Cities are known for many things. Glasgow is known as a friendly place, a City of Culture, a City of Architecture and aspiring to be a World City of Science.
It all began in the mid fifteenth century when the University of Glasgow was founded. The City was chosen as a fitting place where “the air is mild, the victuals are plenty and where there is a store of other things pertaining to the use of man is found”. In particular it was established so that there might be “an overflowing fountain of the sciences, out of whose fullness all that desire to be imbued with the lessons of knowledge may drink.”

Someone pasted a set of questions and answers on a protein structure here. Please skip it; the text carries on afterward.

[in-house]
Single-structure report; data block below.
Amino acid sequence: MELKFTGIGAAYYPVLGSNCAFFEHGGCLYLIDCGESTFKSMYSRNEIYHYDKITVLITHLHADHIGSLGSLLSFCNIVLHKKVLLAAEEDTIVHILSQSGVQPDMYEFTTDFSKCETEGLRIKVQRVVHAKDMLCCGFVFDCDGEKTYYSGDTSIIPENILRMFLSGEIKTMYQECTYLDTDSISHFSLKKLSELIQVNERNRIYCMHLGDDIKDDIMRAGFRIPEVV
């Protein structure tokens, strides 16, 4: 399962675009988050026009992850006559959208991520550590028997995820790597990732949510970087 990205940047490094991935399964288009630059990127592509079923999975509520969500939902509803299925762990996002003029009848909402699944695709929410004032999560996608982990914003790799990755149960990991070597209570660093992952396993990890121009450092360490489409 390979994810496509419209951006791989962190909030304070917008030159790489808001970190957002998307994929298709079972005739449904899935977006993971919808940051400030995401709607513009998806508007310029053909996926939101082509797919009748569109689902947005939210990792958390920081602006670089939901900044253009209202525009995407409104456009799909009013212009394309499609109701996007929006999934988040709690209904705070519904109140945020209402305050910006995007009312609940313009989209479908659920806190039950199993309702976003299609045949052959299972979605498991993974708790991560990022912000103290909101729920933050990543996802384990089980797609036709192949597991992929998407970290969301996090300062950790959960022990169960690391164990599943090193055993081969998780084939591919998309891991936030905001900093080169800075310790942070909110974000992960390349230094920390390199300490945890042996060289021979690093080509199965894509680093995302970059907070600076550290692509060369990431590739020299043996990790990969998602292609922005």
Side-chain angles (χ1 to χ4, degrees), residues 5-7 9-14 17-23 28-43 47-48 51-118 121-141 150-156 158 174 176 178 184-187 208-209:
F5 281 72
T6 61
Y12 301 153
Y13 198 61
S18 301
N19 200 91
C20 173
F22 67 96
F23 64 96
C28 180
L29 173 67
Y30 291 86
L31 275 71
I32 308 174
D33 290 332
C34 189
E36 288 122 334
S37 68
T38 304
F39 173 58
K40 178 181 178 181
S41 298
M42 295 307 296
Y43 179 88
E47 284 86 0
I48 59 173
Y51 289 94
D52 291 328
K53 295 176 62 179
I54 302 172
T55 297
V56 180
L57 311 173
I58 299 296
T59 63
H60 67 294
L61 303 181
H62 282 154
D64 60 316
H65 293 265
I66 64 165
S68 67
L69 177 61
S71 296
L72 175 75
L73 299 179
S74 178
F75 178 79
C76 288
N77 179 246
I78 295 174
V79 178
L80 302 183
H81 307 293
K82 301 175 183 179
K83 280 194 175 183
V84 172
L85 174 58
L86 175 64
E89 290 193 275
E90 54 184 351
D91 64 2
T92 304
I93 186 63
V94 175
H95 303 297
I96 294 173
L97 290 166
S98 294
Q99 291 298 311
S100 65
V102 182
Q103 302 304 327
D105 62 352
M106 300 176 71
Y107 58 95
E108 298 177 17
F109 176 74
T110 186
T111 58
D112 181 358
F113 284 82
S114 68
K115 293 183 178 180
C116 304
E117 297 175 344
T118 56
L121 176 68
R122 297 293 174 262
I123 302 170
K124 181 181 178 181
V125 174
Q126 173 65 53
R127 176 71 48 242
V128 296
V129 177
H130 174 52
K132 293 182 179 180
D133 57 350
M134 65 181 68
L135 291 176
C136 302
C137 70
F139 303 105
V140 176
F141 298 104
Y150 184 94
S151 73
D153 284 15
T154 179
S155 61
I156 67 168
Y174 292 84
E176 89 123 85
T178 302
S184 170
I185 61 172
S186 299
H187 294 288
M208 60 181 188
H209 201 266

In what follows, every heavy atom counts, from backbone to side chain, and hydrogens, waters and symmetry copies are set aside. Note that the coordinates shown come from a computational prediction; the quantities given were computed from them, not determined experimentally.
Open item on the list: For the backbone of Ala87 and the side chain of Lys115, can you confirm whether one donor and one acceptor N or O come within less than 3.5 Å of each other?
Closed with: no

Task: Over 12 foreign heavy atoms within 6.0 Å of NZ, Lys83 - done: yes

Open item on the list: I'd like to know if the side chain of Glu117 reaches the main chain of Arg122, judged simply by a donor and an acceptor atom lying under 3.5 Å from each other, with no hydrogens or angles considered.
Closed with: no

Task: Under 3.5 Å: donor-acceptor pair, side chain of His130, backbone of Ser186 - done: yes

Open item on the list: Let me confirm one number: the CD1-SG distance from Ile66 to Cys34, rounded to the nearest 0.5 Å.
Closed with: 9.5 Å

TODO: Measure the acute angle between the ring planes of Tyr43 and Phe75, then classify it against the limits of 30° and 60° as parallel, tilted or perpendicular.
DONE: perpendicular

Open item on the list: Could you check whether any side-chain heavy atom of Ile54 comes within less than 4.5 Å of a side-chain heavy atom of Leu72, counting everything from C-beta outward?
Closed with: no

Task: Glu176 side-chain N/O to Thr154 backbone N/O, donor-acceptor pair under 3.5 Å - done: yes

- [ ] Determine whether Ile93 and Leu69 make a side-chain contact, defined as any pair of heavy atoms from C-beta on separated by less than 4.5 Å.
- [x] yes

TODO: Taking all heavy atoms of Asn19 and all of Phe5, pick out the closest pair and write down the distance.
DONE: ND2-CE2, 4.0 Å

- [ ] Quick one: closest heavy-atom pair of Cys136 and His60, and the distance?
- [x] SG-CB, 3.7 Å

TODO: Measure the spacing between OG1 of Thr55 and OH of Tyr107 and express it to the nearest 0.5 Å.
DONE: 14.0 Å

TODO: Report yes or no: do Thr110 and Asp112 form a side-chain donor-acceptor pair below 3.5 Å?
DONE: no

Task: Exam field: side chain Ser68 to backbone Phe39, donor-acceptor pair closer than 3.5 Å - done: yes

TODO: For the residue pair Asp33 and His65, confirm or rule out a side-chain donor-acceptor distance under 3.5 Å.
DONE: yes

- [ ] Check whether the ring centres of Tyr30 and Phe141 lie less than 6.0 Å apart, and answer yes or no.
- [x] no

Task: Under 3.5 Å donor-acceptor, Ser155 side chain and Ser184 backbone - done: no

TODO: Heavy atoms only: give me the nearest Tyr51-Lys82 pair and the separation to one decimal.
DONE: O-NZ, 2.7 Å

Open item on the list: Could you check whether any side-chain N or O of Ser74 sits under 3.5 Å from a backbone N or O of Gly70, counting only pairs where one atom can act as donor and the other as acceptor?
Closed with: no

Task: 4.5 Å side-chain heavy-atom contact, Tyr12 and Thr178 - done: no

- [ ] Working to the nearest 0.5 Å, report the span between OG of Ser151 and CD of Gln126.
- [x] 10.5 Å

Since that time Glasgow, and the West of Scotland, has played a leading global role in the development of civilised, industrialised and just societies. The region now has four Universities and a host of Colleges and research facilities, strong links with science based businesses ‐and it retains its friendliness and “open‐for business” approach.
Its heritage of science, technology, medicine and the social sciences is huge and this is the right moment to capitalise on all that we have done, still do, and can do even better in the future. It has a world‐wide opportunity to lead and develop science, linked to the city and the wider West of Scotland, with strong partnerships and networks. Its links with the citizens of the West of Scotland is also crucial in schools, the workplace and in continuing learning.
Glasgow can do it, and has the will and the experience to succeed; it’s miles better.